• COM 1510: Speech Communication: This course provides practical opportunities to develop skills in speaking through the development, organization, preparation, and delivery. It also examines how feedback, perception, and individual’s belief, attitude, value system, nonverbal and verbal signals, and biased language influence communication. Students develop active listening skills and practice principles of ethical communication throughout the course. 

North Carolina State University, 2018-2021

Science, Technology, and Society Program 

  • STS 302: Science, Technology, and Human Values : this course offers an interdisciplinary evaluation of recent and potential influences of current scientific and technological developments on US and non-US societies. Emerging social, ethical, and intellectual issues include: the adequacy of contemporary scientific frameworks; the relations among science, technology, and society; the social consequences of scientific and technological applications; and human prospects and possibilities.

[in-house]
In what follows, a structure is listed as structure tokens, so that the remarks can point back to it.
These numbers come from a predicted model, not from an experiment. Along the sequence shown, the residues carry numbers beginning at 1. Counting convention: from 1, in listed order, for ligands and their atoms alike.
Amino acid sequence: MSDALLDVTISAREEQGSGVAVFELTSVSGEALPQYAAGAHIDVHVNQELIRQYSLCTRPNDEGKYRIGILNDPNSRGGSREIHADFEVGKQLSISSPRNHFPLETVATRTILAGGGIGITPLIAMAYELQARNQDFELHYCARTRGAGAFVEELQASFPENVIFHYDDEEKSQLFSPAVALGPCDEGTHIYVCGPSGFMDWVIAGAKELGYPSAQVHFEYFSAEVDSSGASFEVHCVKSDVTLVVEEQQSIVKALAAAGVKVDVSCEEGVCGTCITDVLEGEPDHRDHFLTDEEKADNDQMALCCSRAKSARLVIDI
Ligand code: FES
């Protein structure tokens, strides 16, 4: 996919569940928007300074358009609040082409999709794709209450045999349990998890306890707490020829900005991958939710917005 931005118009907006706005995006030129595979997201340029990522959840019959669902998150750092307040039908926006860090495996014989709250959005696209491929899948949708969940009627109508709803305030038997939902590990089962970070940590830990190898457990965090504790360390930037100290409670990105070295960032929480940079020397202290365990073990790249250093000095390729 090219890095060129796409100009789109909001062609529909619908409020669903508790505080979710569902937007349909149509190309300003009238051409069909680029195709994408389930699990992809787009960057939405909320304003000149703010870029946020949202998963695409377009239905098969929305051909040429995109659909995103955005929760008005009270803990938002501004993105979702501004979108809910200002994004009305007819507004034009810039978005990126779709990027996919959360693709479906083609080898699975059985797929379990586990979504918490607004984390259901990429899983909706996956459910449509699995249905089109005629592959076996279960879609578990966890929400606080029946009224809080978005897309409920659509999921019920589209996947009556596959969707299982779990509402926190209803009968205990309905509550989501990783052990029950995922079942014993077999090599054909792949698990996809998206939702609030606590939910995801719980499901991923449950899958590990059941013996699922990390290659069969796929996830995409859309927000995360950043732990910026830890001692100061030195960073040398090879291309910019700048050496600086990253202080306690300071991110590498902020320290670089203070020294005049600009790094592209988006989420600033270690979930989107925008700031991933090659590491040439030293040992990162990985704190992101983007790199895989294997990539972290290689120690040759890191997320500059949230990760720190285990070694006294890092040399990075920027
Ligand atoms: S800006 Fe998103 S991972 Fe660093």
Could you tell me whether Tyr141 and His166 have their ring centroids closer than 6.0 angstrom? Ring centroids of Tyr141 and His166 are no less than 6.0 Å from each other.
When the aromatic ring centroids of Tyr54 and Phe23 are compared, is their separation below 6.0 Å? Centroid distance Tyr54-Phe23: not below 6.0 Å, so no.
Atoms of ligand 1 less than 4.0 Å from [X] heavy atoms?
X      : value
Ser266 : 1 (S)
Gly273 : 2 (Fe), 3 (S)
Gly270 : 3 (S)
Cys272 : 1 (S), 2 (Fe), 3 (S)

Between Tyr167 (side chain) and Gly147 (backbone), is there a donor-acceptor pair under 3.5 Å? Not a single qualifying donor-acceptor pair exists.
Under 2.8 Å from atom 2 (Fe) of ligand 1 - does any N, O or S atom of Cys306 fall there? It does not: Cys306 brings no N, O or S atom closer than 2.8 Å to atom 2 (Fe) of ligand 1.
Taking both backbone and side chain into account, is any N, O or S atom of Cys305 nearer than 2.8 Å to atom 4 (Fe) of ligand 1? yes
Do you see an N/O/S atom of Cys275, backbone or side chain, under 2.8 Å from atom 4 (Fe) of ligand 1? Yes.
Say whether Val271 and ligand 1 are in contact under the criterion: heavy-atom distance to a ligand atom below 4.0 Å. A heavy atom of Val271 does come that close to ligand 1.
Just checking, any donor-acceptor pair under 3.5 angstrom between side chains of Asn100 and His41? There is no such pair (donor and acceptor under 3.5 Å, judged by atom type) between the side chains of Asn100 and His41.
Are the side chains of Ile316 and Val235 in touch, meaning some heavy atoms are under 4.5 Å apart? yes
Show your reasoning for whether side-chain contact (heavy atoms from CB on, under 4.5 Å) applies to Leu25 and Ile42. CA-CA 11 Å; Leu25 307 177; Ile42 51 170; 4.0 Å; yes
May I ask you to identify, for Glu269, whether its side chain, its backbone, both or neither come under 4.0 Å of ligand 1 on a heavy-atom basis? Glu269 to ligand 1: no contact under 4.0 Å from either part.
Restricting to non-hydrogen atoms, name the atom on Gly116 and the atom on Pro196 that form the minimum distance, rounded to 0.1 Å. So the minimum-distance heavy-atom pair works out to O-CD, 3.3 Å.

Communication Department

  • COM 487: Internet & Society (Grader): This course offers an overview the development of the internet and its social uses, including the historical context that led to the development of the ARPANET and the World Wide Web. Analysis of the transition from mainframes to personal computers, to the internet of things. Treatment of principal social and communication issues related to the use of the internet, such as digital privacy, digital divide, net neutrality, and civic engagement. Development of mobile internet, social networking sites and location-based social networks.